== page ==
All Sites must reside on the same server If using sub-domains or domains, directories must be able to access your main installation system directory. Please see Setup Domains and Sub-domains for more information.
It is recommended that you Create a Site before setting up the domain or sub-domain.
Create the domain or subdomain using your webhost’s tools. Typically this will automatically create a new folder on the server that the site’s files will be served from. Please contact your host if you need assistance with this step.
The new folder must allow files within it to access your installation’s system folder. Check with your host to ensure you don’t have “open_basedir” or other restrictions in place which could prevent this.
Copy the following files from your first (default) site’s folder to your new site’s folder. We’ll call the new site domain2 for the purposes of this example.
Your single-site installation might have looked like:
└── domain1.com ├── admin.php ├── index.php ├── images ├── system └── themes
Now that domain2 has been added, your folders might look like:
└── domain1.com ├── admin.php ├── index.php ├── images ├── system └── themes └── domain2.com ├── admin.php └── index.php
Open domain2’s new admin.php file (this is the file that allows Control Panel access on the new site) and make the following changes:
Tip: In some multi-site situations, you may not want to allow Control Panel access from anyhere other than domain1. This file can be removed in those cases.
Update the $system_path variable to indicate the path from this file to your installation’s system folder. Typically this can be a relative path, but some servers may require a full, absolute path. For example, given the folder structure above:
$system_path = '../domain1.com/system/';
Uncomment the following $assign_to_config variables. Set the Short Name of the site this file will log into, and this file’s URL. For example:
$assign_to_config['site_name'] = 'domain2_short_name'; $assign_to_config['cp_url'] = 'http://domain2.com/admin.php';
Open domain2’s new index.php file and make the following changes:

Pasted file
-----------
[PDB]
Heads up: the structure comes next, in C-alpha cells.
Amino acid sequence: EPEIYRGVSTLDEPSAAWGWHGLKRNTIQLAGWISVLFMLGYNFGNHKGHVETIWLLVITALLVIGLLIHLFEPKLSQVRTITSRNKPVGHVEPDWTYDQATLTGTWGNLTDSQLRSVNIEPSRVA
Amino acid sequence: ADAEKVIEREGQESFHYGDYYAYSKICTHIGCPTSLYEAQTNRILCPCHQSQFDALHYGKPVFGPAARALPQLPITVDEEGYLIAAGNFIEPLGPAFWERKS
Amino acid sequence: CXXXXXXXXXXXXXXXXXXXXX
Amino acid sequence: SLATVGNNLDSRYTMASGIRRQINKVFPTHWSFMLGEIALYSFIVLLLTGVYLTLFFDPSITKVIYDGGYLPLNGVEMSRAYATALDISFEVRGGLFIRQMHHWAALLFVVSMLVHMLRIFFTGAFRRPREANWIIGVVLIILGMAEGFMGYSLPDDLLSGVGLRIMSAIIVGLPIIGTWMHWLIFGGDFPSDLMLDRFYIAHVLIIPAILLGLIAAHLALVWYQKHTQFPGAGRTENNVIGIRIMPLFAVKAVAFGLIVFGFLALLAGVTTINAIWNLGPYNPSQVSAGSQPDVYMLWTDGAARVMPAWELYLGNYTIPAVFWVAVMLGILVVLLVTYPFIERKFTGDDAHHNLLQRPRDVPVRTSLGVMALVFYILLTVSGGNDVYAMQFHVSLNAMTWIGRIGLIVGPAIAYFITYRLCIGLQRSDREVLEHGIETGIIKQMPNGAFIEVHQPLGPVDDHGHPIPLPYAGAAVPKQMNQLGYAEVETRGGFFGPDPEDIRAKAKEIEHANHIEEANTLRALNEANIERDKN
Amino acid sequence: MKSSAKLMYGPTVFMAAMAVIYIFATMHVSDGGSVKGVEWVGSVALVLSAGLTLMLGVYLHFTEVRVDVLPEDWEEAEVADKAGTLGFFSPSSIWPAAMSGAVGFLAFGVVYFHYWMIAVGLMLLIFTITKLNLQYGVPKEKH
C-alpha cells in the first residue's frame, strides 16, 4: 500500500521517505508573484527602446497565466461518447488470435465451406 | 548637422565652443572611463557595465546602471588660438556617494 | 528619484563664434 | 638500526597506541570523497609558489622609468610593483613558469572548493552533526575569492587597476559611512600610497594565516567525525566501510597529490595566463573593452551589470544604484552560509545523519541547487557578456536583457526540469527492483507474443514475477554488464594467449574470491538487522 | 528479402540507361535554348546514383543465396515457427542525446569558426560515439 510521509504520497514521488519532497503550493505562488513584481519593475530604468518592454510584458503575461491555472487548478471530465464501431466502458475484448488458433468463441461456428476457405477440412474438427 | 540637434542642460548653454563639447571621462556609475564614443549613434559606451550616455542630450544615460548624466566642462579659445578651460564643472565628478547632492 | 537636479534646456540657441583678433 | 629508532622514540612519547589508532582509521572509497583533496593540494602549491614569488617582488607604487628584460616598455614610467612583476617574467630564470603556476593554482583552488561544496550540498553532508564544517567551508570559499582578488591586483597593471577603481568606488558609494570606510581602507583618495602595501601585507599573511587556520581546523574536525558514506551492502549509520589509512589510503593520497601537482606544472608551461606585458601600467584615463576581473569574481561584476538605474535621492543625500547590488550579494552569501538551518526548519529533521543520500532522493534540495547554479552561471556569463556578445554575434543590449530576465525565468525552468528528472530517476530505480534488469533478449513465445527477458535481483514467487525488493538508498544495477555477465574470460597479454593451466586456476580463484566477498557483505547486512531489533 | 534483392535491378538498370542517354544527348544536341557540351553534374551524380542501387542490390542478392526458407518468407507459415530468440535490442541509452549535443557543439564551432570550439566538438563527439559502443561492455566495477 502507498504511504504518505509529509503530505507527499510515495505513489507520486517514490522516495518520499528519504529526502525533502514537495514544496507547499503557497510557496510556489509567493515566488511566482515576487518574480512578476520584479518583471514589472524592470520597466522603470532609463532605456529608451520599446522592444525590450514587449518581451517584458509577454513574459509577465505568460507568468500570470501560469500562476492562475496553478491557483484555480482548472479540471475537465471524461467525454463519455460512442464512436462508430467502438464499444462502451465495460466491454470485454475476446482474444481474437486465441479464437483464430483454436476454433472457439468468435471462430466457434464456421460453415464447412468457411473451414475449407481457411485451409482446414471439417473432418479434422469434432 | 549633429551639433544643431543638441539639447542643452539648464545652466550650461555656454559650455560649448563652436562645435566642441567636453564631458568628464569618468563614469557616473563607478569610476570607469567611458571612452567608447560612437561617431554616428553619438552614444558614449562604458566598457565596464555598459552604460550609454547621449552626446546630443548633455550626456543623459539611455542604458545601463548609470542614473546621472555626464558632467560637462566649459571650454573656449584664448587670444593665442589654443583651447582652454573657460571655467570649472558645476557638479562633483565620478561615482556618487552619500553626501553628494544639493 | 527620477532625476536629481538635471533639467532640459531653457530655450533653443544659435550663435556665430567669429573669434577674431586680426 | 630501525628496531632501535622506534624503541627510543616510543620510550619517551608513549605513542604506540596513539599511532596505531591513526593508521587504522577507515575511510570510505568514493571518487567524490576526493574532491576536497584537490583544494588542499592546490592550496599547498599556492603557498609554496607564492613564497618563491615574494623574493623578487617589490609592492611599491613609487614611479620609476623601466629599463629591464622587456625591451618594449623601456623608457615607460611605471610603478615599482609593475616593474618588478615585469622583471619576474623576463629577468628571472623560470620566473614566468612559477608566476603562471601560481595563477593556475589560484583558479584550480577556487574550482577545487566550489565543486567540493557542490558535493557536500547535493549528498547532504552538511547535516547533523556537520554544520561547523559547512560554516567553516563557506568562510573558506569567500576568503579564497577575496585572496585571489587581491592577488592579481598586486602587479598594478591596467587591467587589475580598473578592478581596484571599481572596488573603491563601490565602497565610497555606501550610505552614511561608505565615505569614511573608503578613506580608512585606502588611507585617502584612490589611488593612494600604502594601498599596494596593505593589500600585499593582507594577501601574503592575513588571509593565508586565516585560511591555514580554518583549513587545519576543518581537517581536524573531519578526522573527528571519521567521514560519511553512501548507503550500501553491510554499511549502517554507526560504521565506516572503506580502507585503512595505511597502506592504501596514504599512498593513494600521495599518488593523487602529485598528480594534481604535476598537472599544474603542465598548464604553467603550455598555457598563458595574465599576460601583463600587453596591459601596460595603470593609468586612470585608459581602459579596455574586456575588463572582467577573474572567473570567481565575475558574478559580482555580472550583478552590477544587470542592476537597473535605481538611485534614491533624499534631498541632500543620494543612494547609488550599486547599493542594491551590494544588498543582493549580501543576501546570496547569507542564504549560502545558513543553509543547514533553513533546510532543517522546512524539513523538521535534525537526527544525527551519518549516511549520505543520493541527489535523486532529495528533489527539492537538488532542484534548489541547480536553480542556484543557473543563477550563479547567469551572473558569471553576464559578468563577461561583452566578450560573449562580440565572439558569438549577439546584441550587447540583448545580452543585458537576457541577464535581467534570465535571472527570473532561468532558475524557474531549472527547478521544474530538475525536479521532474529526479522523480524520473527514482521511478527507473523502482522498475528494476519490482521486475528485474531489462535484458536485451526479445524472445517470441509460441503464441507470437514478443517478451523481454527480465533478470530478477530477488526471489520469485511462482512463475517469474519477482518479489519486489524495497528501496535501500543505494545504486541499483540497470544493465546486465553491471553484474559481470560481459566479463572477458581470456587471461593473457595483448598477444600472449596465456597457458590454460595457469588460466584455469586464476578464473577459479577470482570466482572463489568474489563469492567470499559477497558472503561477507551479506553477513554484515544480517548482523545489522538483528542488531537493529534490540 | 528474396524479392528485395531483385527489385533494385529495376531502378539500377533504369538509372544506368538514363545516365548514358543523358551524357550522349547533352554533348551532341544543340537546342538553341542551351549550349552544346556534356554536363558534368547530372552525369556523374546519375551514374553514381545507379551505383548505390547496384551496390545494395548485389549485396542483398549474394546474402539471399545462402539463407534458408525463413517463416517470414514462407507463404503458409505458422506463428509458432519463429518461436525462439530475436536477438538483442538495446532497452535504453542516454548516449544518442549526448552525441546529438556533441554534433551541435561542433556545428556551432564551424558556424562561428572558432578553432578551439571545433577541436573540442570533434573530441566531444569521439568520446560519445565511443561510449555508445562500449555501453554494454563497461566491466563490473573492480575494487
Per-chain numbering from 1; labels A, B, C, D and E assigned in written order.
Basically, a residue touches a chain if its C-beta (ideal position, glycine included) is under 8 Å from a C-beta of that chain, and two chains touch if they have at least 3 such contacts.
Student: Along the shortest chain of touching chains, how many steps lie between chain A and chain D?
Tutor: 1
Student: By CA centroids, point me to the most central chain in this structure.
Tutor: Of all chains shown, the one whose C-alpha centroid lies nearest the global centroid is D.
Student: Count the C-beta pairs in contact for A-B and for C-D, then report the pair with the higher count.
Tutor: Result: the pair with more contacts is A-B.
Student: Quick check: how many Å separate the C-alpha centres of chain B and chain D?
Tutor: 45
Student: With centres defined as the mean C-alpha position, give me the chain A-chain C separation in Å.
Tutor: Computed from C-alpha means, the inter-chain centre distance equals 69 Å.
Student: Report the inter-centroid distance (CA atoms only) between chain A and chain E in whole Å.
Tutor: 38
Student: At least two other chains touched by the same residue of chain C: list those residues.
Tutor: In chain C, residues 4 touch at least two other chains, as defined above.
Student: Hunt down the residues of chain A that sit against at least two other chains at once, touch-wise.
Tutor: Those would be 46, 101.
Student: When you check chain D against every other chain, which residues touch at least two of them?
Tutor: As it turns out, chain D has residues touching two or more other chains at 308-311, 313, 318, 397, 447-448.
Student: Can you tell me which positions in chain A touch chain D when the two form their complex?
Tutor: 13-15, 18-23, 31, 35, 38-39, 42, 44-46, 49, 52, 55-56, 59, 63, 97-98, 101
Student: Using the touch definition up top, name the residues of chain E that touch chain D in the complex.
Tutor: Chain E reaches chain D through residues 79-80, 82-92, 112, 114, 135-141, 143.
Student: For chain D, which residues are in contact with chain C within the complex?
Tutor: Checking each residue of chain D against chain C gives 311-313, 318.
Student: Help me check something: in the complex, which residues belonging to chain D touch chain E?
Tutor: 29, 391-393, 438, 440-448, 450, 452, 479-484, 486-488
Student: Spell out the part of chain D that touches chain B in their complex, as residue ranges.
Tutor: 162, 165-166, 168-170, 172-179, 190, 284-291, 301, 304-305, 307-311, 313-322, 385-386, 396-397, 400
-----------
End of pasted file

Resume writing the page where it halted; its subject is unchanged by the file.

Update the $system_path variable to indicate the path from this file to your installation’s system folder. Typically this can be a relative path, but some servers may require a full, absolute path. For example:
$system_path = '../domain1.com/system/';
Uncomment the following $assign_to_config variables. Set the Short Name of the site this file will display, the URL of this site’s admin.php file, and the main URL of the site (without index.php). For example:
$assign_to_config['site_name'] = 'domain2_short_name'; $assign_to_config['cp_url'] = 'http://domain2.com/admin.php'; $assign_to_config['site_url'] = 'http://domain2.com';
If you have multiple sites, you may prefer that when a user logs into one site, they are logged into all sites.
Settings --> Security and Privacy: make sure the Website Session type is set to Cookies only for each site you want to include.
If your sites are in separate subfolders (
https://example.com/site2/index.php) or separate subdomains (
http://site2.example.com) you can simply set the cookie domain for each site to the top level domain.
In the case of
http://site2.example.com type URLs, the cookie domain should be .example.com.
Logging in on any of the URLs would result in cookies that can be read on any subfolder or subdomain of the example.com URL.
However, cookies for one domain cannot be set from a different domain. If your sites use different domains, you’ll need to use the multi_login_sites configuration override . Add the following to your system/user/config/config.php file, modified according to the domain names used by your sites:
$config['multi_login_sites'] = "http://www.example.com/|http://www.sitetwo.com/|http://www.sitethree.com/";
If you use an index file such as
index.php in your URL, you should include it in the URL:
$config['multi_login_sites'] = "http://www.example.com/index.php|http://www.sitetwo.com/index.php";
Now when a user logs into the frontend of one of the sites, the login routine will invisibly loop through each URL in the configuration, redirecting to that site, setting the appropriate cookies, and then cycling through to the next site. Once the user has been logged into all of the sites, they’ll end up back on the starting URL. The login redirects will be virtually unnoticable.